on Jan 2nd, 2012 in OIG | 5 comments
 
It’s been a year of major changes in the postal world. Looking over the headlines, the staff at the Office of Inspector General has pulled together the list below of the top 10 postal stories for 2011. Take a moment, read them over, and vote for your top story of the year. If you think we missed one, let us know! 10.Another Year, Another Loss – Even with a deferral of the retiree health payment, the Postal Service loses $5.1 billion in 2011, although $3.7 billion is changes to workers’ compensation expenses. 9.To Exigent or Not to Exigent – After federal appeals court remands the exigency case back to the Postal Regulatory Commission (PRC), the Postal Service is still undecided on whether it will pursue higher than CPI rates. 8.Pension Funding in the Black – OPM projects a $13.1 billion surplus in the Postal Service’s FERS and CSRS pension accounts for 2011. 7.DVDs by Mail Not Dead Yet – Netflix is forced to backpedal after customers rail against the company’s plan to unbundle DVDs by mail. 6.GAO Just Says No Overpayment – The Government Accountability Office (GAO) weighs in on the debate about the Postal Service’s $75 billion CSRS overpayment, stating there was no evidence of accounting errors and returning the funds is ultimately a policy choice that impacts the federal budget. 5.Digital Media to the Rescue – Ironically, blogs such as Dead Tree Edition, Courier, Express, and Postal Observer, and Save the Post Office are driving the debate in the area of hard copy postal issues. 4.Is Overnight Over? – The Postal Service proposes changing delivery service standards, including eliminating overnight delivery for First-Class Mail, to capture savings from network consolidation. 3.Plethora of Bills, Paucity of Law – An unprecedented interest in postal reform yields an abundance of legislative proposals, yet still no new law. 2.Cut, Cut, Cut – The Postal Service announces a provocative plan to break labor contracts, withdraw from federal health and retirement plans, and seek workforce reductions of 220,000 through layoffs and attrition. 1.Something’s Got to Give Round 1 – The Postal Service’s aggressive plans to close about 250 processing plants and more than 3,600 post offices hits strong opposition leading to a temporary moratorium on closings until May 15, 2012. This blog is hosted by the OIG’s Risk Analysis Research Center.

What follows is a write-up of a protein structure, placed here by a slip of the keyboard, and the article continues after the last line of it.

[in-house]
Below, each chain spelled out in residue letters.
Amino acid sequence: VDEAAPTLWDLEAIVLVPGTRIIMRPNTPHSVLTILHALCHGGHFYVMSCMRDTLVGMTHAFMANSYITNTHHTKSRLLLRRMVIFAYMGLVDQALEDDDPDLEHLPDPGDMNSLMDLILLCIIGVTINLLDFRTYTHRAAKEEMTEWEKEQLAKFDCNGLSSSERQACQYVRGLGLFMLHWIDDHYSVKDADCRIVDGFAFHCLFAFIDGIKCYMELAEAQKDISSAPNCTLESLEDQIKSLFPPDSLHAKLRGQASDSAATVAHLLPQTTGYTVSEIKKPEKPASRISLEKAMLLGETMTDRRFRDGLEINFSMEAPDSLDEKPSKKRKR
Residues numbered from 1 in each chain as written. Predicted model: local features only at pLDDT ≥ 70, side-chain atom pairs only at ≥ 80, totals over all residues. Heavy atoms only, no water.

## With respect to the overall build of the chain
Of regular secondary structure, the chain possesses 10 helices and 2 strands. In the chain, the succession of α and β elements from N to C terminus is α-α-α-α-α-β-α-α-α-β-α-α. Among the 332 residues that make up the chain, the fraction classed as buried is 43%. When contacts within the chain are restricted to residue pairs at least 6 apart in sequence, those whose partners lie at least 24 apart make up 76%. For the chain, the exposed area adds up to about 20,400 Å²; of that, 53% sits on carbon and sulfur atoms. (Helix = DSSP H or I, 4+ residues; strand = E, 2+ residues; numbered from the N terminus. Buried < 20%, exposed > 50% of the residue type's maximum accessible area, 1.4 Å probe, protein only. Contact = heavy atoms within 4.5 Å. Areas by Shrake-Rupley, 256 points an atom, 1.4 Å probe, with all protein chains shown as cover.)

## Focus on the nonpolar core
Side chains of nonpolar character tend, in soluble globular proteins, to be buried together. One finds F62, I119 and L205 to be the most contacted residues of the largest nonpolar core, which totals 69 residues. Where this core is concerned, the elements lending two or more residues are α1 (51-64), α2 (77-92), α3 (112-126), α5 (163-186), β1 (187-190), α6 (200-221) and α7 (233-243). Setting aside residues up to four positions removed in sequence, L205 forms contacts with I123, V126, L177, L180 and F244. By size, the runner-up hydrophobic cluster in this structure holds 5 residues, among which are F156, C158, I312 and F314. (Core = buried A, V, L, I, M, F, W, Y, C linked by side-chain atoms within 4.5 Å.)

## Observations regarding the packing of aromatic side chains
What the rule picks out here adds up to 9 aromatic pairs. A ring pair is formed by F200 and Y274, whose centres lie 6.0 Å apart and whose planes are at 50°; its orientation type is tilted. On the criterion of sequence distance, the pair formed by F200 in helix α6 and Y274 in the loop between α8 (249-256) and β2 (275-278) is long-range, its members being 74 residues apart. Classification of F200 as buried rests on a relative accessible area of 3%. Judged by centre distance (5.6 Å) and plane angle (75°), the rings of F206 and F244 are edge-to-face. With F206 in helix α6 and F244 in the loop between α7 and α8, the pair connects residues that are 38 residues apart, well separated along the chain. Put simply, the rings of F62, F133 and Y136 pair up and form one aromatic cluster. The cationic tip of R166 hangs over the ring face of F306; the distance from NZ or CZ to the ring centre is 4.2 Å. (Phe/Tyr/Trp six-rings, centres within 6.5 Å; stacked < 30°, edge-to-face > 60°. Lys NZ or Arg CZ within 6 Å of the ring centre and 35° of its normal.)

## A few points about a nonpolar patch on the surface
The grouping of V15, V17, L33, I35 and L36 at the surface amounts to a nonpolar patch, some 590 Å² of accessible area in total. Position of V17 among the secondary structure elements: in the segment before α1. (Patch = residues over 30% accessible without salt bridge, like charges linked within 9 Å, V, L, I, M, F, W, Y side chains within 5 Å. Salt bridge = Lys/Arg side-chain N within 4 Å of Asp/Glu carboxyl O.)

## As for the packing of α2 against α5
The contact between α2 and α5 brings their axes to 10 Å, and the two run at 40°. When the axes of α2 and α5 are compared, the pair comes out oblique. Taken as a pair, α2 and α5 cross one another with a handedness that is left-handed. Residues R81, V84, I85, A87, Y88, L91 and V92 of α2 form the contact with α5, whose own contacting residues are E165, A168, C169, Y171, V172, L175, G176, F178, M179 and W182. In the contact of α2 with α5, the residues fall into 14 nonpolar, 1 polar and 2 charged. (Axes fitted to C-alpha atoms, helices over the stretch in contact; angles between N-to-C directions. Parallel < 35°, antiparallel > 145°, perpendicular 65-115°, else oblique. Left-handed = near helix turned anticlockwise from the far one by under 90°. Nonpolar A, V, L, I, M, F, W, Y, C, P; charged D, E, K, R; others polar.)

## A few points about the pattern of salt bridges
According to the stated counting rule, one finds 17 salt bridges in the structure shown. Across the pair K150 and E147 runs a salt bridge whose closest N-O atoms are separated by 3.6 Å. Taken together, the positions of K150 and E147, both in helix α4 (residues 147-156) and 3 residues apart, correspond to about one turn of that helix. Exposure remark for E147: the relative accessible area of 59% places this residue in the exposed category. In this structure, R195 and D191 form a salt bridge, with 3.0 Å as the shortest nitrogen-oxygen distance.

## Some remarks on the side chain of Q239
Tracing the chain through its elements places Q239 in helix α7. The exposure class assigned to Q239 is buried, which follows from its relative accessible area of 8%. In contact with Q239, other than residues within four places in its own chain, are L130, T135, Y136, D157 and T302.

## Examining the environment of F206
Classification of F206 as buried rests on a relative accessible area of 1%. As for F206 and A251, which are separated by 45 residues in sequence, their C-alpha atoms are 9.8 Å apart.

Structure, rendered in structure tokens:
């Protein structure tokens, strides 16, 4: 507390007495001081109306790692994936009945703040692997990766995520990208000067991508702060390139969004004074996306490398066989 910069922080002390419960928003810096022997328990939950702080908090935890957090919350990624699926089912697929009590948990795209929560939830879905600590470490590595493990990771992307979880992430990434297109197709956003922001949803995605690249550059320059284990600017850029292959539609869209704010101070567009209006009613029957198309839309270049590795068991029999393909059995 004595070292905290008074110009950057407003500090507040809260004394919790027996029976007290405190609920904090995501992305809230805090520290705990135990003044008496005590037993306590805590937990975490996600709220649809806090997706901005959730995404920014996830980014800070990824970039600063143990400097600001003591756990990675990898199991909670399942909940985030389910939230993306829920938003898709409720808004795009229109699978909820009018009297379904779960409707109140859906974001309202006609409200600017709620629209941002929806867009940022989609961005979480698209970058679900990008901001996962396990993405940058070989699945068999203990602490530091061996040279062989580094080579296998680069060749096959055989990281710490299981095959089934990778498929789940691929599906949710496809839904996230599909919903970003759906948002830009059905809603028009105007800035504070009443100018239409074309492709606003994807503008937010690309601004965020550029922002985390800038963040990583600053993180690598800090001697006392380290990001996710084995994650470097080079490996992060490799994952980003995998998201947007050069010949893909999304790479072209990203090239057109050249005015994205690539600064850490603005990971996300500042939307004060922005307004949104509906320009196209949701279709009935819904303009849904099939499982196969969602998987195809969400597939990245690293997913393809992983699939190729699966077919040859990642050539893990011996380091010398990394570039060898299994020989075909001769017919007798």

Comments

our company ships $1,200.00 per week with USPS I would like to know why you would return a package that has poatage for 13 oz. but weighs 13.2 oz this is unbelievable and this is one reason we are switching alot of business to UPS

Why not just send a bill for the additional postage and still send the package so our customer gets his order. ? that is what ups does

The reason it was returned to you is because ever since 9/11 and the anthrax that was sent through the mail, ANY package weighing over 13 ounces and has stamps on it MUST be presented to a window clerk at the window and NOT dropped into a mail collection box. This is a requirement for the safety of all who are involved with processing the mailpiece.....not for the postage that is owed. If it had not been over 13 ounces it would of just gone on to it's destination postage due for the difference.

After 11 years, an OIG audit, and a move to the award winning eIDEAS format, still no response to my suggestion. Lean Six Sigma goes postal.

I run the website and we ship hundreds of packages out to customers every day using USPS. PLEASE don't close more facilities! I know business ain't what it used to be, but you all are still the best and most reliable, and my expenses would triple if I had to switch to a private courier!

Wiki Leaks. Did Mr. Assange use the mail?

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